- Development & Aid
- Economy & Trade
- Human Rights
- Global Governance
- Civil Society
Tuesday, May 31, 2016
Analysis by Rosemary Okello
- General elections are underway in Kenya, marking the end of a titanic struggle between incumbent President Mwai Kibaki and Raila Odinga, heading the Party of National Unity and the Orange Democratic Movement, respectively.
While Kibaki's campaign has traded extensively on the economic growth that his administration has overseen since the last polls in 2002, Odinga has made mileage out of the corruption that marred government's achievements over the past five years – this amidst violence fuelled by ethnic disputes, and concerns about vote rigging. Over 100 political parties are on the ballot for Thursday's vote, for which about 14 million Kenyans are registered; in addition to the presidency, 210 parliamentary seats and some 2,500 local council posts must be filled in the polls.
But what of female candidates who have thrown their hats into the ring this year? Will 2007 mark the point at which Kenya finally puts women into decision-making posts in substantial numbers?
IPS has examined the situation of female aspirants from a number of angles over recent weeks – and for election day, we've asked guest columnist Rosemary Okello to provide her insights on the overall progress made by women since 2002. Okello heads the Nairobi-based African Woman and Child Feature Service, which published a key overview of the last polls, titled 'A Journey of Courage: Kenyan Women's Experiences of the 2002 General Elections'.
As Kenyans elect their leaders, writes Okello, the country is far from achieving gender balance in political representation.
The highest number of women nominees in Kenya's history, for both parliamentary and civic seats, is on the ballot Dec. 27 in what is seen as the most competitive election to date. However, concerns remain about the situation of women in politics.
These candidates have had to endure many challenges to get this far. The same problems that dogged the 2002 elections – electoral violence, bribery, hooliganism, verbal abuse and threats against women aspirants – repeated themselves during this year's nomination process.
This leaves us wondering whether we have learnt any lessons when it comes to ensuring women are not silenced in political competition; clearly, it is imperative that political parties start enforcing affirmative action policies to overcome these difficulties, and bring as many women as possible on board.
Lack of financial resources and limited access to political networks are other factors that are seen to undermine women's political progress. Notes political analyst Kwamchetsi Makokha: "A lot of women are not in the mainstream of parties and it is very easy for them to get rigged out."
An overview of the major parties reveals that they are fielding relatively few women. Consider the figures for legislative candidates.
President Mwai Kibaki's Party of National Unity has 135 parliamentary candidates in the race, of which just 13 are women (9.6 percent); 73 out of the 727 PNU party members who competed for nomination were women.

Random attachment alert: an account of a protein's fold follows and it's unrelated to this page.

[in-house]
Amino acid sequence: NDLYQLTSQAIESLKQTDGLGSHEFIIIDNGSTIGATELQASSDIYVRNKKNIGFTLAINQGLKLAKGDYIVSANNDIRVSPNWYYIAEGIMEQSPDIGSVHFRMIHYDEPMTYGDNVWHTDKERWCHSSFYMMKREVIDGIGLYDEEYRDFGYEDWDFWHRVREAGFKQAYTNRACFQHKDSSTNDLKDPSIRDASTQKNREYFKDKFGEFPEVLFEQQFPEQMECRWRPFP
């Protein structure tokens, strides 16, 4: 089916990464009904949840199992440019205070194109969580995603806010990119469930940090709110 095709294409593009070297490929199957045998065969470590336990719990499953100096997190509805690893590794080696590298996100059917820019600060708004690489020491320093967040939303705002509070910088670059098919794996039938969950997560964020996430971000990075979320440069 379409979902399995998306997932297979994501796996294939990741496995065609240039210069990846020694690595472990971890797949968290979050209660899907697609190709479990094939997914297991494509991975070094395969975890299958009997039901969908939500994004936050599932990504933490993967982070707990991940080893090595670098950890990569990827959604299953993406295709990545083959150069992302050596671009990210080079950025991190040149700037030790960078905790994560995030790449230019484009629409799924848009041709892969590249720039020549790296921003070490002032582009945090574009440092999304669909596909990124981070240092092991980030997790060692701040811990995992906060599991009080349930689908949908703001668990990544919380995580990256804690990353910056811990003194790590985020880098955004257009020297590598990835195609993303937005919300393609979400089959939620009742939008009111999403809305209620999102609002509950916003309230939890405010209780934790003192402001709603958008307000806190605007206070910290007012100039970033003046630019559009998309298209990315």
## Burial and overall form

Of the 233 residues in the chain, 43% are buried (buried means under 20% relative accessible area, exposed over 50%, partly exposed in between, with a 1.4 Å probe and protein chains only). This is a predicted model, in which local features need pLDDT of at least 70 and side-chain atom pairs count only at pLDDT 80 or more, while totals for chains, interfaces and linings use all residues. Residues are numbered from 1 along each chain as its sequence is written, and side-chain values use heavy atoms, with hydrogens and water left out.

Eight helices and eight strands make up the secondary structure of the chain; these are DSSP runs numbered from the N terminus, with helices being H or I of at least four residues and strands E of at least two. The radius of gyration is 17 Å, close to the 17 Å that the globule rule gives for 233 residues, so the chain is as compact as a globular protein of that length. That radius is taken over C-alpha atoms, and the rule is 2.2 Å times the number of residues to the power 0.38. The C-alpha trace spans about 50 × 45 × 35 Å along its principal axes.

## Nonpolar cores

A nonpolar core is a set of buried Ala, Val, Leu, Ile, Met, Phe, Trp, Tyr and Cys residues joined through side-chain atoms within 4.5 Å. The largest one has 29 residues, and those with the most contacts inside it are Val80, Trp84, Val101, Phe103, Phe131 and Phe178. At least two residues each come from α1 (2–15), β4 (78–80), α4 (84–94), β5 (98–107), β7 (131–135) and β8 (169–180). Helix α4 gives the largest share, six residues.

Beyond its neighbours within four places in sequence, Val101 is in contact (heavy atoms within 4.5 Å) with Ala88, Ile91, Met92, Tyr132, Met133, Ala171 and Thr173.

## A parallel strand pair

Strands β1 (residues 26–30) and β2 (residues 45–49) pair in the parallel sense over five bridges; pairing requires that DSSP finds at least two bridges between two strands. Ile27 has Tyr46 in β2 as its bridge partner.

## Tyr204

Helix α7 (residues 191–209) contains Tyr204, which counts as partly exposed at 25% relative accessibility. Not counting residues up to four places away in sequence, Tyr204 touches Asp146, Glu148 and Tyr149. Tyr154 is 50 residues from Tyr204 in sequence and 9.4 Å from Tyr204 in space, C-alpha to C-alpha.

The Orange Democratic Movement has included seven women among its 190 legislative aspirants (3.7 percent); 59 of the 836 candidates vying for nomination by the ODM were women.
The Orange Democratic Movement-Kenya, for its part, has a total of 15 women among its 133 candidates (11.3 percent). ODM-K had 20 women out of a total of 300 parliamentary aspirants in the nomination process.
The rest of the female candidates are standing for smaller parties which political analysts typically dub "inconsequential".
Some argue that if nomination had been conducted in a more orderly manner, many women could have made it onto the ballot of key political groupings.
But, says Nancy Abisai, an ODM national executive council member, "Right now the problem is on the ground and not about the party. It's about cultural issues, and it is beyond the party's reach."
Using direct nominations to put more women in the race lands the party in a Catch 22, she adds. "We were in a debate on how to ensure women get well represented. When we said that women should get direct nomination, it was said it would not be fair to male members and would contravene our party constitution and election guidelines."
Some take encouragement from the fact that those women who have been nominated are formidable individuals who would appear to stand a good chance of winning seats in Kenya's tenth parliament.
Just 8.1 percent of places in the previous legislature were held by women. But, "The number (this year) will only be slightly higher than the last eight percent," predicts Makokha. "I don’t think it will go past 20 percent…Women are still doing very badly."
For those who fail, even at the outset, a long term view is needed, councils Yvonne Khamati, deputy permanent representative to the African Union.
"Women on party lists who lose nominations can choose to remain in their parties and negotiate for positions in government from there. They can then use this as a springboard to go it again in the next election. Also, they should use the political parties act to try and ensure that gender parity is actualised after the elections."